Once you separate your “must haves” from the “kinda wants” in searching for your new home, your next three steps–selecting your real estate agent, solidifying your budget, and getting pre-approved for a mortgage–should happen fairly simultaneously.
First, it’s important to find a buyer’s agent. Your agent will be your confidant, sheep wrangler, personal shopper, reality check, Mr. Miyagi, and property expert all rolled into one. Finding an agent is akin to finding that perfect pair of jeans. For everything to work out just right, you need a great fit.
You might come across someone with whom you click at an open house, or you might snag a stellar recommendation from a friend or neighbor. Whatever your process, make sure that this person is knowledgeable, on board with your vision, and has your best interests at heart.
How you do this is up to you. With a paper and pen handy, I set up phone interviews and questioned the hell out of my potential agents. I also hung out with a few at their listings’ open houses and when the foot traffic died down, asked a few key questions, like what their working style was like, did they have expertise in my ideal neighborhoods, and how would they help me prepare a competitive yet-not-outrageous offer.
Some people try to avoid hiring an agent; they want the DIY experience, much like they might when installing a kitchen backsplash or re-surfacing the back deck.
But when it comes to the skillful art of negotiation mixed with real estate law, do yourself a favor and hire an agent. It costs you nothing (the seller pays your agent’s commission, not you!) and will ensure a much smoother buying process.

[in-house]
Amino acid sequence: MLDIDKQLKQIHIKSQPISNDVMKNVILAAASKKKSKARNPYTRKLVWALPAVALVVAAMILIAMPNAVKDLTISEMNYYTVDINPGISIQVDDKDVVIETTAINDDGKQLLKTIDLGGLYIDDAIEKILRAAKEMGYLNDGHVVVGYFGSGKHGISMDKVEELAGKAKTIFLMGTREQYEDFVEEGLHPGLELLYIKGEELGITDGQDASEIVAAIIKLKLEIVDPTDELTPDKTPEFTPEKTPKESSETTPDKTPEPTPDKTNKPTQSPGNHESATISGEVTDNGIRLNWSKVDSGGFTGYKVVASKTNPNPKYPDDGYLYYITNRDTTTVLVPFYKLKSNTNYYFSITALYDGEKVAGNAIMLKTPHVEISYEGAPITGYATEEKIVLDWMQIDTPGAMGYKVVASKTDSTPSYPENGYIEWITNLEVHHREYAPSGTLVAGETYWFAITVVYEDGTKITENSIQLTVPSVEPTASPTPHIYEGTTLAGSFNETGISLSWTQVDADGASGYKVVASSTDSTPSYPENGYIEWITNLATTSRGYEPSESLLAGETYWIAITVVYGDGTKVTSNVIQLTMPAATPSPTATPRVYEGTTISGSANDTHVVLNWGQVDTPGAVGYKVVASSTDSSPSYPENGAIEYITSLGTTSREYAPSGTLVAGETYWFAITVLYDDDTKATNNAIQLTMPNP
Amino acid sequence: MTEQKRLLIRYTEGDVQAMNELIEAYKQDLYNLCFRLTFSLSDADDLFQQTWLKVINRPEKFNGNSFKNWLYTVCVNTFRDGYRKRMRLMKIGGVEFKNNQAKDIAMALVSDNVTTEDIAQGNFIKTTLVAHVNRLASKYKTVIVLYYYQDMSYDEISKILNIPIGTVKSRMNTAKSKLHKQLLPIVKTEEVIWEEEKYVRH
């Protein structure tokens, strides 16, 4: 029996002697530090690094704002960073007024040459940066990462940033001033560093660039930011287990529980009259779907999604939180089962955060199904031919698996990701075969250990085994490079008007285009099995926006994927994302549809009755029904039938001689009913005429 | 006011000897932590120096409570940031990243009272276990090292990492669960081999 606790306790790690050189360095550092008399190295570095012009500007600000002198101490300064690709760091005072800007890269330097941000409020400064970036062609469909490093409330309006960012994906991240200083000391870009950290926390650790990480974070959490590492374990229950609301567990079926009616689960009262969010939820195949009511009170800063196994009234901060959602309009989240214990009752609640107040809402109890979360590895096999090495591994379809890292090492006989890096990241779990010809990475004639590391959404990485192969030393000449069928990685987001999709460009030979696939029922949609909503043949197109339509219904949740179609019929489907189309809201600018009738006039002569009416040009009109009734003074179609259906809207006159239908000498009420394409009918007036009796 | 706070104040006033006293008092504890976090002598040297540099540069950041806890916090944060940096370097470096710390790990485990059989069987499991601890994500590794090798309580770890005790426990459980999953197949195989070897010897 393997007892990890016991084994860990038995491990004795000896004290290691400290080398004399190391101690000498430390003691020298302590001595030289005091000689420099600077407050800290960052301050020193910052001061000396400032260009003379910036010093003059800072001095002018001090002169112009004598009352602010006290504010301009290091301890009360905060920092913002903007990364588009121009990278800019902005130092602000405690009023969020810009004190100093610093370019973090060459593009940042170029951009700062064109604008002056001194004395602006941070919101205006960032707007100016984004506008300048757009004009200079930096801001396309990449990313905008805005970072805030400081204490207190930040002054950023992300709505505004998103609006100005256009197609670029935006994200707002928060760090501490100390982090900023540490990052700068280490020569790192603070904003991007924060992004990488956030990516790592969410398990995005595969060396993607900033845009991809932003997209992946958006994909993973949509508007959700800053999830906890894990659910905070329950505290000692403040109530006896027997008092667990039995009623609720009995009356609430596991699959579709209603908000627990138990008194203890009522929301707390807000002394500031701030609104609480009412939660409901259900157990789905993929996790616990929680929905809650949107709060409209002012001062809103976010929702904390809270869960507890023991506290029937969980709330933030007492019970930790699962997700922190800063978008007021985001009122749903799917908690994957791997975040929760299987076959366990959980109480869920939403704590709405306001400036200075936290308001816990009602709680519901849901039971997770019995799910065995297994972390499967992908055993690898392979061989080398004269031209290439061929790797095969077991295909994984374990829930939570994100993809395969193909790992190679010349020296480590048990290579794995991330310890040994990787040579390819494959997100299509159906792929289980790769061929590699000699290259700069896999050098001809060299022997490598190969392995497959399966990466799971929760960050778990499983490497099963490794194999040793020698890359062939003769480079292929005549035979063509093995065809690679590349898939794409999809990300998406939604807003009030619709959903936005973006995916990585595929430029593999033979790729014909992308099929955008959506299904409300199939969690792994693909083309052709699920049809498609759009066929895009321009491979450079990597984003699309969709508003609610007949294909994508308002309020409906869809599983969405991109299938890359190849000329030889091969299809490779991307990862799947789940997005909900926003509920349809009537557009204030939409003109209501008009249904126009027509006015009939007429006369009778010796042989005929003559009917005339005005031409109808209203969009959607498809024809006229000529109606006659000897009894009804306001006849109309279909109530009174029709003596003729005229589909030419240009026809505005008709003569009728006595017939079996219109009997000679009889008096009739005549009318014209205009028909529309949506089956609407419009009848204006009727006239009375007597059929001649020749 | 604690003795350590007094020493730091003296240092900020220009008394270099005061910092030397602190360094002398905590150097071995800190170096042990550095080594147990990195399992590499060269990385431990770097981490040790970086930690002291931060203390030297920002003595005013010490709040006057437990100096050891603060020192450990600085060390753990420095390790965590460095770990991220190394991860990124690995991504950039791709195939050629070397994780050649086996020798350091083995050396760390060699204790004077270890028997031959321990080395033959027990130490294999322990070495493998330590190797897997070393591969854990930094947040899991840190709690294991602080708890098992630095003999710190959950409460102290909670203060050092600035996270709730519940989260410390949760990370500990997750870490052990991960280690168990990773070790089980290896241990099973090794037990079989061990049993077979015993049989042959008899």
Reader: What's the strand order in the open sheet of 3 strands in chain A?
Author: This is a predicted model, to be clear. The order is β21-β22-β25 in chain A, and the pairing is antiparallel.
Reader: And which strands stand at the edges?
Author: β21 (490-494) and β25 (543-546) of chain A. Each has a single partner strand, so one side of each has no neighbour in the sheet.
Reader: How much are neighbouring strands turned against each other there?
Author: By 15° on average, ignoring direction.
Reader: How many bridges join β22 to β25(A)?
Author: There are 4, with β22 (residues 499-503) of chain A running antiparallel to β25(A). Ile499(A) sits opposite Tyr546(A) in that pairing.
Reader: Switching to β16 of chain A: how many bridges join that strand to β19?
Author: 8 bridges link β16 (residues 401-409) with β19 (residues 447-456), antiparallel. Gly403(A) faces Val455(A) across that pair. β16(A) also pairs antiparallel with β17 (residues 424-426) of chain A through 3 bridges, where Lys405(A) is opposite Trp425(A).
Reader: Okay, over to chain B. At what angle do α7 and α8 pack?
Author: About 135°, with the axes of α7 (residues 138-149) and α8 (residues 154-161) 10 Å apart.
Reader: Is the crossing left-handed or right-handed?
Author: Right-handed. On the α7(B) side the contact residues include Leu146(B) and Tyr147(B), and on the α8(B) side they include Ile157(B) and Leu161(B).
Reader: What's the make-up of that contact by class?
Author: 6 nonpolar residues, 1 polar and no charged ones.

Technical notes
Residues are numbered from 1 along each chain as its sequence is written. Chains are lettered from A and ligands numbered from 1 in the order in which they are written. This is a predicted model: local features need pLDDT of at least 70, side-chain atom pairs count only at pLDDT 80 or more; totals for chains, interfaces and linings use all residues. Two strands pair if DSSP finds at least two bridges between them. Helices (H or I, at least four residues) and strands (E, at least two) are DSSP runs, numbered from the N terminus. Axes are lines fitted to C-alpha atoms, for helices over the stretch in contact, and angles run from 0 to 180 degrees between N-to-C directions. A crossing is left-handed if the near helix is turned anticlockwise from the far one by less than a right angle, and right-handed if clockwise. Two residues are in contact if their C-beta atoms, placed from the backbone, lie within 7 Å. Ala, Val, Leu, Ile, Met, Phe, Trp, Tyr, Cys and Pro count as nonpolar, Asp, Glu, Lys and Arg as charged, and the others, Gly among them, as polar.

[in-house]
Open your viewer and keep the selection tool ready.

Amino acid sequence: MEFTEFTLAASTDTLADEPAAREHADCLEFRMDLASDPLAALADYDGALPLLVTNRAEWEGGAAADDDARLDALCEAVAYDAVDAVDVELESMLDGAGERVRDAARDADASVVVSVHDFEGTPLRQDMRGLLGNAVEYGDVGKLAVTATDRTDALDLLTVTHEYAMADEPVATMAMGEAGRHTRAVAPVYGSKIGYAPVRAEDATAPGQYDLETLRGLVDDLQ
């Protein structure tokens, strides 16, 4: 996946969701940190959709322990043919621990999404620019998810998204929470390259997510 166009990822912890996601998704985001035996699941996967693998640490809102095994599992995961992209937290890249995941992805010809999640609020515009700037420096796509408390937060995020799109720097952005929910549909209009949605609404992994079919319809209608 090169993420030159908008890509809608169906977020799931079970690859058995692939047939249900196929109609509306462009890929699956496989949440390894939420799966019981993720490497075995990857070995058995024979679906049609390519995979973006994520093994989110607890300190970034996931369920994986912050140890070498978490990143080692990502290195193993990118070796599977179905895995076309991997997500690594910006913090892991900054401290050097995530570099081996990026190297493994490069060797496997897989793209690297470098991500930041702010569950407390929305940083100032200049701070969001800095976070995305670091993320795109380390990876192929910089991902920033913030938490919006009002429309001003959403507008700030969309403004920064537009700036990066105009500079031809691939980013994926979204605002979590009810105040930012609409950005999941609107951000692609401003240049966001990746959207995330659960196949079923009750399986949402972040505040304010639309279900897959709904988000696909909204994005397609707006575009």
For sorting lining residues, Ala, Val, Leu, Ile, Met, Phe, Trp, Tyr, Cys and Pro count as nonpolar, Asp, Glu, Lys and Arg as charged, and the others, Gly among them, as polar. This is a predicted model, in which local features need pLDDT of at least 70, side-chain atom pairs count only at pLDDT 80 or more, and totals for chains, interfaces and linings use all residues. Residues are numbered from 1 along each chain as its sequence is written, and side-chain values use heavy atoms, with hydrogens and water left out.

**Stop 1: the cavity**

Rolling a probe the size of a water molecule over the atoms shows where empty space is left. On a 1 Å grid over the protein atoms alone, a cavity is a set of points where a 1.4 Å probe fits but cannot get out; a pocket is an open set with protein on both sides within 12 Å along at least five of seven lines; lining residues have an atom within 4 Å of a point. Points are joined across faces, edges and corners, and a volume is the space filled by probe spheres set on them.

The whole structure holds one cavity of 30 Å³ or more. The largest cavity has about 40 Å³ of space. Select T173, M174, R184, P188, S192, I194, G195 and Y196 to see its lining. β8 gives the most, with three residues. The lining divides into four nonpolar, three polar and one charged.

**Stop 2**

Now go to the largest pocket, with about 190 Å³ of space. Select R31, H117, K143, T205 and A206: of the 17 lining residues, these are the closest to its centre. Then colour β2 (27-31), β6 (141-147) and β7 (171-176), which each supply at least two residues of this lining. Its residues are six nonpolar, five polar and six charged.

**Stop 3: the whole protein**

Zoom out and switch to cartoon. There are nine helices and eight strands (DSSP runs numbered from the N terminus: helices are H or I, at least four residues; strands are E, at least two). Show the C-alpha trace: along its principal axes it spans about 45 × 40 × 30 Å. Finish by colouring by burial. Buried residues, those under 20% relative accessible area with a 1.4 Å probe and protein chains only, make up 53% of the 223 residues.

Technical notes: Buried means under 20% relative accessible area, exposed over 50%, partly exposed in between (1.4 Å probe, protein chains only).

During your agent search, you can check online reviews and ask the agents for references. Feel free to contact those references and ask more questions. You may feel primed for a job with the FBI by the end (ah, a resume booster!). Google them. Confirm their licenses are up to date. Just don’t Facebook stalk them. At least not too often.
Your agent will want to know what your timeline is, and what your expectations are. He or she will probably also want to know what kind of property you’re looking for. For instance, we told our agent that we were serious about buying a two bedroom unit here in the city, but that we didn’t have a specific timeframe in mind–our purchase could be a few months in the making or it could take a year. Some agents ran from the room screaming when they heard such a long, undetermined timeframe; fortunately the agent we chose to work with proved to be both patient and gung-ho.